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Ngerem, Elvis Onyedikachi and Covenant University, Theses (2021) TRANSFORMER FAILURE PREDICTION IN DISTRIBUTION POWER SYSTEM NETWORK USING ARTIFICIAL NEURAL NETWORK. Masters thesis, Covenant University Ota..

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Distribution Transformers (DTs) are critical components of the power distribution network, and their reliability is heavily reliant on them, necessitating the need for a thorough and precise maintenance process focused on the prediction of impending transformer faults. Distribution transformers are subjected to both internal and external faults as a result of the electrical, mechanical and thermal stresses they are subjected to during their operation, resulting in irregularities in some of their cooling and insulating materials, such as oil and cellulose insulation degradation. These lead to overheating, partial discharge, or corona, causing a degradation of the oil insulation and the introduction of dissolved gasses such as hydrogens (H2), carbon monoxide (CO2), carbon dioxide (CO2), methane (CH4), acetylene (C2H2), ethane (C2H6), and ethylene (C2H4). In this project, an Artificial Neural Network (ANN) model in python programming for the diagnosis of incipient faults of distribution transformers, using the DGA (Dissolved Gas Analysis) concentrations, was developed. Also, four machine learning models are developed for fault prediction from dissolved gas analysis data in distribution transformers using interpretation results from Roger’s ratio, IEC basic ratio, and Dornenburg Ratio on the basis of the IEEE C57.104 standard. The models developed are K-nearest neighbors, linear support vector classifier, logistic regression, and multilayer perceptron. These models were trained, tested, and evaluated to determine the best performing model. The identified best-performing model was implemented on a web based interacting application interface. A transformer fault prediction algorithm trained with back-propagation resulted in an improved accuracy of 97.93%. This will aid maintenance engineers for a faster and accurate diagnostic decision on faulty distribution transformers as it plays a significant role in power supply to large energy customers.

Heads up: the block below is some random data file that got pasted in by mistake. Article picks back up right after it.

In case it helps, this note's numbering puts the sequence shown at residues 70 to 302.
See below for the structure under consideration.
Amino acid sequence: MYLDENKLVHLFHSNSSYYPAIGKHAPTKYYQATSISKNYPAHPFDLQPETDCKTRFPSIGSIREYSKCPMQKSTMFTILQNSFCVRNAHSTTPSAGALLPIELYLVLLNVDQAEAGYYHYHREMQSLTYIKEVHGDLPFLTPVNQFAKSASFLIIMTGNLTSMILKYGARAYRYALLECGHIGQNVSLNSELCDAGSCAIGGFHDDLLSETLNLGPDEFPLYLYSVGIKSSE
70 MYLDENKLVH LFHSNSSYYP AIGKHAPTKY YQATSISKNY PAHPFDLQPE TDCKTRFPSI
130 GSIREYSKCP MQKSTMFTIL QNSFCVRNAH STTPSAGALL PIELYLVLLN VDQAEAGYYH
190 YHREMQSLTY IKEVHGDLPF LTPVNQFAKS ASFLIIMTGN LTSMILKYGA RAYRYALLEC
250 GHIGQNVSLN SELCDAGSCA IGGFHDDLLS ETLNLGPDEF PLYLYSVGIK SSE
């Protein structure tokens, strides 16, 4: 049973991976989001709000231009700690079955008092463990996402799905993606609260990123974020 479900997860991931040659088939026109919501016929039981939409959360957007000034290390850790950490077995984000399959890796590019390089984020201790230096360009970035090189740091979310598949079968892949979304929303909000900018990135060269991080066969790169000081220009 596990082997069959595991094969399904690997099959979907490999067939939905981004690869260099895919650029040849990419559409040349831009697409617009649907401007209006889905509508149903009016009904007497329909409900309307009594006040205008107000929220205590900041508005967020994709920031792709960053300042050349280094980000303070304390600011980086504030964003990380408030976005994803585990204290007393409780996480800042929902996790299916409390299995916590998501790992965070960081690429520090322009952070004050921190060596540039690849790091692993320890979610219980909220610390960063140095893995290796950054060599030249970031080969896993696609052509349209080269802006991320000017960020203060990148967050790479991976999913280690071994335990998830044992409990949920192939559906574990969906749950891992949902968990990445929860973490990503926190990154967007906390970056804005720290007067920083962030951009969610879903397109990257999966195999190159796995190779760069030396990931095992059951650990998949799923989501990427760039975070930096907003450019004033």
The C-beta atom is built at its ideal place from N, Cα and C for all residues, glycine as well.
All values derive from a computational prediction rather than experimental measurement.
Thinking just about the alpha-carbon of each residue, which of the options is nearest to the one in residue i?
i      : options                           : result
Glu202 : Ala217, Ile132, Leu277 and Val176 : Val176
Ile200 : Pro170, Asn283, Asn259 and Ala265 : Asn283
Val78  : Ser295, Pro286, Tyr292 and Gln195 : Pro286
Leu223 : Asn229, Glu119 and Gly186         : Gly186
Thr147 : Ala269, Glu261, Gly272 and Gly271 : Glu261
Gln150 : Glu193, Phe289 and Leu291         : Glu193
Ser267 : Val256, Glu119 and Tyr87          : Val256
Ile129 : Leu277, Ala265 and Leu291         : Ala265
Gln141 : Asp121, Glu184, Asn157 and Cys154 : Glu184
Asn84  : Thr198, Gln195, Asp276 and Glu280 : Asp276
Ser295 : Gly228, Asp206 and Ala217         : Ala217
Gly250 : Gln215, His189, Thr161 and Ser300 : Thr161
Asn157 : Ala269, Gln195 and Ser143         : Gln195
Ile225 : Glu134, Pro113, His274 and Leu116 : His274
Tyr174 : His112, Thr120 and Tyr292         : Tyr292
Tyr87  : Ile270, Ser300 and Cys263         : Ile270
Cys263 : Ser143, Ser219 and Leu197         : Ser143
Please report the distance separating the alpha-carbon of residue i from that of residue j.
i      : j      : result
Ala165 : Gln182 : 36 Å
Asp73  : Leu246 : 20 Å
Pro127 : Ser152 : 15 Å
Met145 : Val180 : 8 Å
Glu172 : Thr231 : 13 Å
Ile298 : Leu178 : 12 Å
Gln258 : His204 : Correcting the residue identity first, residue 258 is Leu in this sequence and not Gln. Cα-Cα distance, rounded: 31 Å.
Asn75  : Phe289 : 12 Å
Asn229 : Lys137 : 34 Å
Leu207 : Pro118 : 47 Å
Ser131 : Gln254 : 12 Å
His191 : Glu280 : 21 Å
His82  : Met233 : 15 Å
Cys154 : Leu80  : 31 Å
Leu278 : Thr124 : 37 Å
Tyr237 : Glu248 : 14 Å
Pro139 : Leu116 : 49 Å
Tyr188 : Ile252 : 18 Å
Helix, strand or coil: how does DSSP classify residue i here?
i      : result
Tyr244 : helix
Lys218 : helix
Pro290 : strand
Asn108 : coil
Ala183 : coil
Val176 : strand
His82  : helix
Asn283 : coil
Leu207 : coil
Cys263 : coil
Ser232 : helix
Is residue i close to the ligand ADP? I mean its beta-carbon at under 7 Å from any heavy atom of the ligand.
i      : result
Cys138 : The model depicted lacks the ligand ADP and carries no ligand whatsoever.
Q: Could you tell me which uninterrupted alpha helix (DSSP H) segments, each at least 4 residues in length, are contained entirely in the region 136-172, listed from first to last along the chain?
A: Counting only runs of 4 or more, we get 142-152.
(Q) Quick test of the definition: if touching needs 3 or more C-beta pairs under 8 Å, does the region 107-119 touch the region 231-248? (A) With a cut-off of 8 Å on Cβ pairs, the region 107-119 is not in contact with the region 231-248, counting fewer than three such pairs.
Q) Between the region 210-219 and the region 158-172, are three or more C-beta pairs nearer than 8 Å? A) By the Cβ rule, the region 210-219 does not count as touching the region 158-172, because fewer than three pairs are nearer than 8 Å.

Item Type: Thesis (Masters)
Uncontrolled Keywords: Artificial Neural Network, Dissolved Gas Analysis, Distribution transformers, transformer failure, fault prediction
Subjects: T Technology > TK Electrical engineering. Electronics Nuclear engineering
Divisions: Faculty of Engineering, Science and Mathematics > School of Electronics and Computer Science
Depositing User: Mrs Patricia Nwokealisi
Date Deposited: 28 Oct 2021 13:51
Last Modified: 28 Oct 2021 13:51

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